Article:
Maybe the Sox didn’t expect as much from Cueto as they received, and maybe they hoped Ethan Katz would have more time to help Velasquez take the next step, but it doesn’t matter. If the White Sox were hoping for one rotation fixture and one swingman willing to do the grunt work between the two signings, this is the one area where they got exactly what they needed.

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I suppose we ought to give Hahn some credit for the Cueto signing, but it feels a lot like the Elvis Andrus situation. An opening suddenly appeared and a perfect fit was luckily available. I give Rick SOME credit for actually executing those moves, but it’s not like he was shrewdly waiting out the market.


Hard to give him credit when he signed VV 2 weeks earlier to do the same thing. Or to put it another way, it was not the successful result of planning but the results of failed plans.


In retrospect, Hahn’s veteran dumpster-diving looks decent. Cueto was excellent, and Harrison and Velazquez were good enough (i.e., probably worth the money). But the Joe Kelly and Garcia signings were absolute disasters—and they didn’t look particularly good at the time, either. The Graveman signing looks fine in a vacuum, I guess, but silly when you consider the other holes on the roster.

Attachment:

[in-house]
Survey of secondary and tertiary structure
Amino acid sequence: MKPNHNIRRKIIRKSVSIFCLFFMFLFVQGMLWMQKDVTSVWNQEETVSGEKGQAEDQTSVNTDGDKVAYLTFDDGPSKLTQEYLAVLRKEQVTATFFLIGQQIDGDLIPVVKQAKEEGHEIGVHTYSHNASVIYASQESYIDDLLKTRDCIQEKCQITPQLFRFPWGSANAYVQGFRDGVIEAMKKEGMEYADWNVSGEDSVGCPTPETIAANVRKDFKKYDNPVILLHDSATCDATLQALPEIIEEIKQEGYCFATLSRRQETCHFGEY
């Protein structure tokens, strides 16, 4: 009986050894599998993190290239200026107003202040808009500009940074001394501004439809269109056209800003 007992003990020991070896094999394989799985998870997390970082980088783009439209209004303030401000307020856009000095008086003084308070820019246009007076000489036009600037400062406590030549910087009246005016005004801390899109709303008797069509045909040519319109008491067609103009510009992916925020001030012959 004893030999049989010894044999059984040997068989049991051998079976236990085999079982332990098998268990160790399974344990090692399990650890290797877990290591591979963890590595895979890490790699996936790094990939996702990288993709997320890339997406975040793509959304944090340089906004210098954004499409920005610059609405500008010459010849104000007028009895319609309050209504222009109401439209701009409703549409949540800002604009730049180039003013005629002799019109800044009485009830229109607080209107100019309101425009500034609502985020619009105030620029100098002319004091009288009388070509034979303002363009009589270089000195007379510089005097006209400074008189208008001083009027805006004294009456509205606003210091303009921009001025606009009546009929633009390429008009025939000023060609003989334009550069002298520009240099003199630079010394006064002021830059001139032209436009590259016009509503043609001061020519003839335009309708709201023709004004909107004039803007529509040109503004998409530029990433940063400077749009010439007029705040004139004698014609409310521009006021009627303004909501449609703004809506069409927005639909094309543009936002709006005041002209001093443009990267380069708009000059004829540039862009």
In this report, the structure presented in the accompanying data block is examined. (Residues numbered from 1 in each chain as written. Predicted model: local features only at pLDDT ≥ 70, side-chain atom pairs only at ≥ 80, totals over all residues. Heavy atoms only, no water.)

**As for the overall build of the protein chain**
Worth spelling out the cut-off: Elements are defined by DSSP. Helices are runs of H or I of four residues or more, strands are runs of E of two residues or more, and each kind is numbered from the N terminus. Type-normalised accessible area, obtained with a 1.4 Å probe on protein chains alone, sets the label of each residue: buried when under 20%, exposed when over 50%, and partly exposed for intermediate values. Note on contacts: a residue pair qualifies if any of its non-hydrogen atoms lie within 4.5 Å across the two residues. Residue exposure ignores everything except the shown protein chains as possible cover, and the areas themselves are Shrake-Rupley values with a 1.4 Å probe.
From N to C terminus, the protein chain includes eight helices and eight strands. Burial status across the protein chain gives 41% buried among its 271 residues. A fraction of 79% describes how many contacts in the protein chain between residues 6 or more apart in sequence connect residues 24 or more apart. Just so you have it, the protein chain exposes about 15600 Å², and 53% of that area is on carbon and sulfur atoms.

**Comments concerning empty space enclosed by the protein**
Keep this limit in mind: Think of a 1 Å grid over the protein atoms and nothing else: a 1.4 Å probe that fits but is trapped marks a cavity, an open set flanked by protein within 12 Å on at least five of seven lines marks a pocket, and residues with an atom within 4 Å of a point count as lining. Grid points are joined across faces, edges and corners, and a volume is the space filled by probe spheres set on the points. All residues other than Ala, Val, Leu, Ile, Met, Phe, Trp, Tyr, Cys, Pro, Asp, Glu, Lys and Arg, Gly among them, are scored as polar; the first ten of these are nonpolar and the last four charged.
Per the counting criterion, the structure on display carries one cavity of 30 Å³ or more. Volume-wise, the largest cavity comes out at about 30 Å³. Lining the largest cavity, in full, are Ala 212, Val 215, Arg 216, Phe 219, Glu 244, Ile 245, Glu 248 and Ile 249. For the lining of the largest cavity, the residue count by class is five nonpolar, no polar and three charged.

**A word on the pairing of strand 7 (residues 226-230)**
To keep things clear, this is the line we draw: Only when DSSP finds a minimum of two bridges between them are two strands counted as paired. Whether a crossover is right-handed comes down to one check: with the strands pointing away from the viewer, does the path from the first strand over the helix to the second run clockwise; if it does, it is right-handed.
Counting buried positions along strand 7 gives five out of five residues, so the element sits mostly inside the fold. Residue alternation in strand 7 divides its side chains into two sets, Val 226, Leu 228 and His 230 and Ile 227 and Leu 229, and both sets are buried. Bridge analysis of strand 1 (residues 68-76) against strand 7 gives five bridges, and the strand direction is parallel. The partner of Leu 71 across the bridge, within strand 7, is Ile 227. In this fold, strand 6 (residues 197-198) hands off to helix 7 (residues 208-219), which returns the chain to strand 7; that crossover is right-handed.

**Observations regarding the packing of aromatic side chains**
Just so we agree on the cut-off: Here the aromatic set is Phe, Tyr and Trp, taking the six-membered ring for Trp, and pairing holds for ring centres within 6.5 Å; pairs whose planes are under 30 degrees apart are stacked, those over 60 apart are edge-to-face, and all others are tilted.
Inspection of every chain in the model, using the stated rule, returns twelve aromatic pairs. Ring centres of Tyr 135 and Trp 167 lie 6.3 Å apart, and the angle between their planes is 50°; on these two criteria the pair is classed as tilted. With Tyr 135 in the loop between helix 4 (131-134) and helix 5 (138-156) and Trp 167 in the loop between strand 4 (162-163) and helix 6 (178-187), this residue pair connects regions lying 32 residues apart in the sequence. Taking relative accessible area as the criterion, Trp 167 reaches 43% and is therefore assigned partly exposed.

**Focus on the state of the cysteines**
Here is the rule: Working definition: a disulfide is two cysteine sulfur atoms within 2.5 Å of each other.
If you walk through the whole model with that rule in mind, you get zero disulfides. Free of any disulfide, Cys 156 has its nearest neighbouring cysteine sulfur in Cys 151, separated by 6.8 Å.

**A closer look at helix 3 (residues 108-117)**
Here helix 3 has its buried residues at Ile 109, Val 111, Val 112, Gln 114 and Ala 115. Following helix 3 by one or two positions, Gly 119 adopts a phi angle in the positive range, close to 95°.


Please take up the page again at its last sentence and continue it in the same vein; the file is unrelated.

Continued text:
Harrison was not good enough. He wasn’t even league average.

Right Size Wrong Shape

He was average. Hitting is only one part of the game.


1.4 war is average now?

Joliet Orange Sox

Harrison’s OPS+ was 94 (bit below average) and his Success Rate Added in the field was +1% (bit above average). Harrison may not have been exactly average but he was pretty close to average. 1.4 bWAR for a player who got 425 PA’s is close to average.

Average is not high praise.

Last edited 1 year ago by Joliet Orange Sox

Yeah, 2.0 is about average starter if given full slate of plate appearances. 1-2 WAR is role Player, 2-3WAR is Solid Starter. Harrison was 1.6 bWAR and 0.2 bWins Above Average; 1.4 fWAR


I liked the Kelly signing at the time it happened. I’m hoping injuries played a role but I don’t mind going in spring training with him. If he sucks then, cut him.
Garcia’s extension was just a huge joke. Speaking of jokes, I went into MLB Rumors and some guy posted that he saw Steve Stone at a restaurant and asked him who the next manager would be. He said Stone replied Ron Karkovice! HA! Sox need to name a manager soon before Bobby Valentine’s name gets thrown in there.

Torpedo Jones

Bingo. He should only get partial credit because the Sox were able to be good destinations for Cueto and Andrus due to their lack of quality depth at key positions. Our blind squirrel found a couple of acorns this time around because he had to do a lot of foraging as winter was approaching….


The Perez link takes ya to Robbie Ray.


Truly incredible to get two banger in season signings like Cueto and Andrus and finish 500…


It takes a special kind of incompetence to pull that off.